What is it about striving for simplicity that seems to provoke negative emotional responses? Feelings of guilt, hopelessness, despair, and self condemnation often rise to the surface.
So often when I hear people talk about simplicity, they hold up some specific standard set by others. But the problem is, there will always be people who live with less. Perhaps we could do without another pair of jeans. But there are some with no jeans at all. Perhaps we could live in a cheaper house. But there are some with no house at all. Perhaps we could go without that extra cup of coffee, but compared with the global poor, even one is a luxury! It seems that the more we compare ourselves with others, the more likely we will either start to despair or cynically decide that simplicity is purely for those with a special calling.
What I’ve found to be true is this: the more we seek simplicity itself as the goal, the less simple our lives become. We become legalistic, setting unrealistic rules for ourselves, and then become guilt-ridden when we break them. We despair that we will never be as simple as Christ himself. Our painful striving for simplicity eventually becomes the very thing that keeps us from the freedom and experience of Jesus that simplicity is meant to help foster.
A parable from India will be helpful to illustrate this downward spiral:
A guru had a disciple and was so pleased with the man’s spiritual progress that he left him on his own. The man lived in a little mud hut. He lived simply, begging for his food.
Each morning, after his devotions, the disciple washed his loincloth and hung it out to dry. One day, he came back to discover the loincloth torn and eaten by rats. He begged the villagers for another, and they gave it to him. But the rats ate that one, too. So he got himself a cat. That took care of the rats, but now when he begged for his food he had to beg for milk for his cat as well. “This won’t do,” he thought. “I’ll get a cow.” So he got a cow and found he had to beg now for fodder.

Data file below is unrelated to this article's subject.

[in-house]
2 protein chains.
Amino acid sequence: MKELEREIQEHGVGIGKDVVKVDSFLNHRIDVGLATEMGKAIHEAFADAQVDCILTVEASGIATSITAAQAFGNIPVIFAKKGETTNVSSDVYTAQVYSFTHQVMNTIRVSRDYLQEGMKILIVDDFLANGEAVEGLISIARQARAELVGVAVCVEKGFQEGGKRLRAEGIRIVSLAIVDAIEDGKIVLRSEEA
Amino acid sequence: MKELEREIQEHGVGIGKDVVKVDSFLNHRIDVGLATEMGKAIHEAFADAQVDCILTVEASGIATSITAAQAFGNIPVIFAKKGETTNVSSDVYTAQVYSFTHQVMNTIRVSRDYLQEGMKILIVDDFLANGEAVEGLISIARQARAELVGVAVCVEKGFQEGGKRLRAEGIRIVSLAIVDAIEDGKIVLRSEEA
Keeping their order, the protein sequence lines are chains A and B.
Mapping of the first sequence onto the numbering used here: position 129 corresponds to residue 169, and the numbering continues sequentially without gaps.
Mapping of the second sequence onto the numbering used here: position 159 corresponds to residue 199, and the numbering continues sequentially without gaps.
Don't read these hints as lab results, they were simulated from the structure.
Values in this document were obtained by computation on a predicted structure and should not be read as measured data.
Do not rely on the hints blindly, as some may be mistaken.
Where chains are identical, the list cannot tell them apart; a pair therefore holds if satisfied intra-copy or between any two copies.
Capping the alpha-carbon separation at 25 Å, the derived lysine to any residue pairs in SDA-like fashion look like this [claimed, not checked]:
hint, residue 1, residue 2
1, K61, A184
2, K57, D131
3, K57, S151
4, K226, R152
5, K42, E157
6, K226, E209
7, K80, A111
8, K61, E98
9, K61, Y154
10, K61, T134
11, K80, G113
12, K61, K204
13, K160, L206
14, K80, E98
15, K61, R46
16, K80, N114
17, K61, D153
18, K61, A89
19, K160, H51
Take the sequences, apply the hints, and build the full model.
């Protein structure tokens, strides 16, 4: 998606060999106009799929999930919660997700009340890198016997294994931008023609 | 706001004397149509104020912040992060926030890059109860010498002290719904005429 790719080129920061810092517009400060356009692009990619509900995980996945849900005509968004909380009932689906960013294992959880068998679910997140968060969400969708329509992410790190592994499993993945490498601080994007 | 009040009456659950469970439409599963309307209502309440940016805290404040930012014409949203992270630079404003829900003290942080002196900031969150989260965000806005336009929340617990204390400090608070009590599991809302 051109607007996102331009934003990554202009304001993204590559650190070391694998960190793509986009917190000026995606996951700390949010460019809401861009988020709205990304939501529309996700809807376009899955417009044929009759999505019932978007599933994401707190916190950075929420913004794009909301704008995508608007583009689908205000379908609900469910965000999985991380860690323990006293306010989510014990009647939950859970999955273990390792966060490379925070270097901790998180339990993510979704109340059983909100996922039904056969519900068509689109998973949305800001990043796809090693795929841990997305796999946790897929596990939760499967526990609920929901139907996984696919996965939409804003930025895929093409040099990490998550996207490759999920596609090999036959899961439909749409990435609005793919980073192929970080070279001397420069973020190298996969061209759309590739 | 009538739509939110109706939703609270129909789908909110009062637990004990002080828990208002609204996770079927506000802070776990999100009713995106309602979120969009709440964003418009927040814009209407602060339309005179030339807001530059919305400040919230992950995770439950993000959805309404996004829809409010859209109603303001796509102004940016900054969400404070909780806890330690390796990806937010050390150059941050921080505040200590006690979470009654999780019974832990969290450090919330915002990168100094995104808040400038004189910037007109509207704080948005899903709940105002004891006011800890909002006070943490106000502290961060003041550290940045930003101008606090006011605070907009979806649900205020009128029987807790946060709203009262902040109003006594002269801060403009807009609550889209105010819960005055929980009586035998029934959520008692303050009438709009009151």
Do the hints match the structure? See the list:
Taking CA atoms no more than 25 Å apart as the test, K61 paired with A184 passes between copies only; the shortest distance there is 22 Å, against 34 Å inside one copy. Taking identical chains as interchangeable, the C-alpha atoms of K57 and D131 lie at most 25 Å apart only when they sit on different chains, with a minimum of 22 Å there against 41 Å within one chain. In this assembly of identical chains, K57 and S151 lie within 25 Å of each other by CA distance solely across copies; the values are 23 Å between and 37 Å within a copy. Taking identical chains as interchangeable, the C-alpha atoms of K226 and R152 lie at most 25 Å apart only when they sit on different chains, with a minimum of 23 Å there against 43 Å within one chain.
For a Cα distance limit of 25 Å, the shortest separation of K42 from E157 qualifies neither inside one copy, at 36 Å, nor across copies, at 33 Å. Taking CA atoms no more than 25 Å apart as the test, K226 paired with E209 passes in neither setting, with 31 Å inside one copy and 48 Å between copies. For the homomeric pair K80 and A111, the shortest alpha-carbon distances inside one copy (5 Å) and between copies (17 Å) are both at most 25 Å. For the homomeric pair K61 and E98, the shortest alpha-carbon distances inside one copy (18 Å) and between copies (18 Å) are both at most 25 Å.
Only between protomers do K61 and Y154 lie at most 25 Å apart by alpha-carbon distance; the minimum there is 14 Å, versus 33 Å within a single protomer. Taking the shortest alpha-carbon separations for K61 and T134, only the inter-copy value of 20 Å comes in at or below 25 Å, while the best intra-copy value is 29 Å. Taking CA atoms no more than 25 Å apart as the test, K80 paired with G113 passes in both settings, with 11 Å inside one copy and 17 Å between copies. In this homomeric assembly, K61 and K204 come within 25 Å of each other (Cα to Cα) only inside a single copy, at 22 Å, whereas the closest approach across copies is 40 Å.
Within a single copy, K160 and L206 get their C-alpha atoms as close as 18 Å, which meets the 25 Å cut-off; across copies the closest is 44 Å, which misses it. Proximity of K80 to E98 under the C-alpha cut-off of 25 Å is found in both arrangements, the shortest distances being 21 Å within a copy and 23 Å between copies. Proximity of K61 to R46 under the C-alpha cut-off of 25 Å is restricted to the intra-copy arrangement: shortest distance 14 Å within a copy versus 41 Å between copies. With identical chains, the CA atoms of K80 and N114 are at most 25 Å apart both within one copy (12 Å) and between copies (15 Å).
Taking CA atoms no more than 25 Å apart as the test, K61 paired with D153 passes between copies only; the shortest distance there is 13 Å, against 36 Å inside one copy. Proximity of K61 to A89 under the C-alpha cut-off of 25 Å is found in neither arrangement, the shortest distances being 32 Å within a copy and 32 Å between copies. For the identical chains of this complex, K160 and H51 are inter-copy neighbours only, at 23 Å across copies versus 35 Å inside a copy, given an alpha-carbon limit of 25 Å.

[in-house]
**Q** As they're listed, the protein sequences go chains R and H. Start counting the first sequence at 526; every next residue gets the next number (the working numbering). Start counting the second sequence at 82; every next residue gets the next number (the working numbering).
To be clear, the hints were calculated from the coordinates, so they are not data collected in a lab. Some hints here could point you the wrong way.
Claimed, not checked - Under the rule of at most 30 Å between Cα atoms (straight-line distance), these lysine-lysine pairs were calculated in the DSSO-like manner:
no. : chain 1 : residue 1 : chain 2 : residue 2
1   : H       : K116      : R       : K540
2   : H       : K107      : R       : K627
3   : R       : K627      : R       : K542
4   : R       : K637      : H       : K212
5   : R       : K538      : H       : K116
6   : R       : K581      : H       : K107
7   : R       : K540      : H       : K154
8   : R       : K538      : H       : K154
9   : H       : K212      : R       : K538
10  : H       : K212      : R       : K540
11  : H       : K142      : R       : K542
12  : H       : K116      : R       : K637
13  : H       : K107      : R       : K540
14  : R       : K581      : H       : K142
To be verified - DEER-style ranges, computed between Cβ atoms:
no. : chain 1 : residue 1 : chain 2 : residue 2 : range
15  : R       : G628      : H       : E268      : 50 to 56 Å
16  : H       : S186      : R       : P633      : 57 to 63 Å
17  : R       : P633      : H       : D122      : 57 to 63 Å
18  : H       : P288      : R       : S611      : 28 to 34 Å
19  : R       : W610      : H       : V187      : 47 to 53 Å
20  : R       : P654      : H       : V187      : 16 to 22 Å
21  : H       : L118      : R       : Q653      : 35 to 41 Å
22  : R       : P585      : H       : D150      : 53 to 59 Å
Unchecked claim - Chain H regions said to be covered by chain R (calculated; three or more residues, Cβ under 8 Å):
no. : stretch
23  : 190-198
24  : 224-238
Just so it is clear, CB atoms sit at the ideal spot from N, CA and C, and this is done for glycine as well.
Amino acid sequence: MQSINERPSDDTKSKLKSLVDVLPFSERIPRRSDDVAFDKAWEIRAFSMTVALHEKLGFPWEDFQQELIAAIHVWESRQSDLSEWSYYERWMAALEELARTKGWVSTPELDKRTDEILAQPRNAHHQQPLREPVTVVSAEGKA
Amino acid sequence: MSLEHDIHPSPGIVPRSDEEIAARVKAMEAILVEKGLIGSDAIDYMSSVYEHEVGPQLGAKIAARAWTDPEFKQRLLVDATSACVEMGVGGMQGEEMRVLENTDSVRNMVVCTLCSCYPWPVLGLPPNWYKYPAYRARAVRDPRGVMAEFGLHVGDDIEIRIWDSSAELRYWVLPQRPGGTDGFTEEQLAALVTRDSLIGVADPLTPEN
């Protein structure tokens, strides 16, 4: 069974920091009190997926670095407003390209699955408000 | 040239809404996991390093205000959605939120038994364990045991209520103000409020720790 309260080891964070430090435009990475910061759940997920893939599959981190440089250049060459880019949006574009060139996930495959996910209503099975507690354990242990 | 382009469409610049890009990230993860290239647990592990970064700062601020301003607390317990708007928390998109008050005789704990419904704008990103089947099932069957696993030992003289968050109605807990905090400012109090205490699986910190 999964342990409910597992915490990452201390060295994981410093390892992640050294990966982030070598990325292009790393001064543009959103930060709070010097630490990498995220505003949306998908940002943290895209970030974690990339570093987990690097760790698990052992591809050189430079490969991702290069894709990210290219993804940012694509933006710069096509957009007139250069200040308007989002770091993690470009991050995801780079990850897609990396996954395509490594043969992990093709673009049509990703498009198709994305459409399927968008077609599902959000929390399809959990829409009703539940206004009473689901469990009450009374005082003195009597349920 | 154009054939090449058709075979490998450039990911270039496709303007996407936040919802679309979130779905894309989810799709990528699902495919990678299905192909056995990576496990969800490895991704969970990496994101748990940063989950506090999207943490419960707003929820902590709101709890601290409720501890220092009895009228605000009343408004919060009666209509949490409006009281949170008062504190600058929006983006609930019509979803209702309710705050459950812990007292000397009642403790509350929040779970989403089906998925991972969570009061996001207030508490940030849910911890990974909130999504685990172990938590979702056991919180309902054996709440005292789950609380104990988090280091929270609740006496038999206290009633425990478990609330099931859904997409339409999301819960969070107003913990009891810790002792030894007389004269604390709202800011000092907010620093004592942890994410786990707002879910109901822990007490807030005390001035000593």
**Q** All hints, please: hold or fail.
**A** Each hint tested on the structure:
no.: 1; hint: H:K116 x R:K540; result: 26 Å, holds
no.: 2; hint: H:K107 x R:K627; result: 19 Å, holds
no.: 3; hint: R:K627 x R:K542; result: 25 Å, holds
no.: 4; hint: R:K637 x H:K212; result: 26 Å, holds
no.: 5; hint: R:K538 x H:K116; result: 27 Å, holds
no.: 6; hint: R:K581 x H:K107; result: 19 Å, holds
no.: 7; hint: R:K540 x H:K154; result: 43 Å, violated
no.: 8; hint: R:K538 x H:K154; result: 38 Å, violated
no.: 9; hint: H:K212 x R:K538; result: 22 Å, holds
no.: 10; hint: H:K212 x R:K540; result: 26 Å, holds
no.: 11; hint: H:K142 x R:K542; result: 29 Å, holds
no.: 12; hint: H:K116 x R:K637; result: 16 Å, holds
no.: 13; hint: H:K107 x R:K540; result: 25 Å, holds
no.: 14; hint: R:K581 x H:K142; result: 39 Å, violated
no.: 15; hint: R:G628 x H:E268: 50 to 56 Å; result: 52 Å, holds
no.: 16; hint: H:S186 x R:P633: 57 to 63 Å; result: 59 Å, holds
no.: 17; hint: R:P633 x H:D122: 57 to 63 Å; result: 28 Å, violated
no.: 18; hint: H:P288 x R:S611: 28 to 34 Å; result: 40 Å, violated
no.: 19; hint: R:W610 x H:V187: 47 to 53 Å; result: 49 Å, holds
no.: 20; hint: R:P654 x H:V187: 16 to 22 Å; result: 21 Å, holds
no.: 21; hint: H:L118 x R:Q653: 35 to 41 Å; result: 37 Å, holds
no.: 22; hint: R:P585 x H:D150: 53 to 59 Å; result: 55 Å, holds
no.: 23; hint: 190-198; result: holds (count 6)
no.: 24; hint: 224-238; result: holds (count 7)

So he decided to till and plant the ground around his hut. But soon he found no time for contemplation, so he hired servants to tend his farm. But overseeing the labourers became a chore, so he married a wife to help him. After time, the disciple became the wealthiest man in the village.
The guru was travelling by there and stopped in. He was shocked to see that where once stood a simple mud hut there now loomed a palace surrounded by a vast estate, worked by many servants. “What is the meaning of this?” he asked his disciple. “You won’t believe this, sir,” the man replied. “But there was no other way I could keep my loincloth.”
In striving to maintain the mere symbol of his simplicity, the disciple eventually created a cluttered life – the opposite of simplicity. We must remember that the point of simplicity is to remove all the clutter, complications, and distractions that keep us from seeing God, experiencing his grace, and sharing that grace with others. Do we get so caught with desperately seeking simplicity that the guilt and legalism become the very clutter that prevents us from enjoying its benefits?
Simplicity must never become the ultimate goal. It is simply one of the means to move towards the most ultimate goal: the freedom to walk towards Christ, to obey him fully, to experience his grace, and to share all this with others.
[Steve Tripp comes from New Zealand and has been living in Cambodia for four years with his wife Wendy, and two children, Isaac (16) and Niam (10). He is the Servants Cambodia co-leader and helps with running the Justees project: www.justees.org]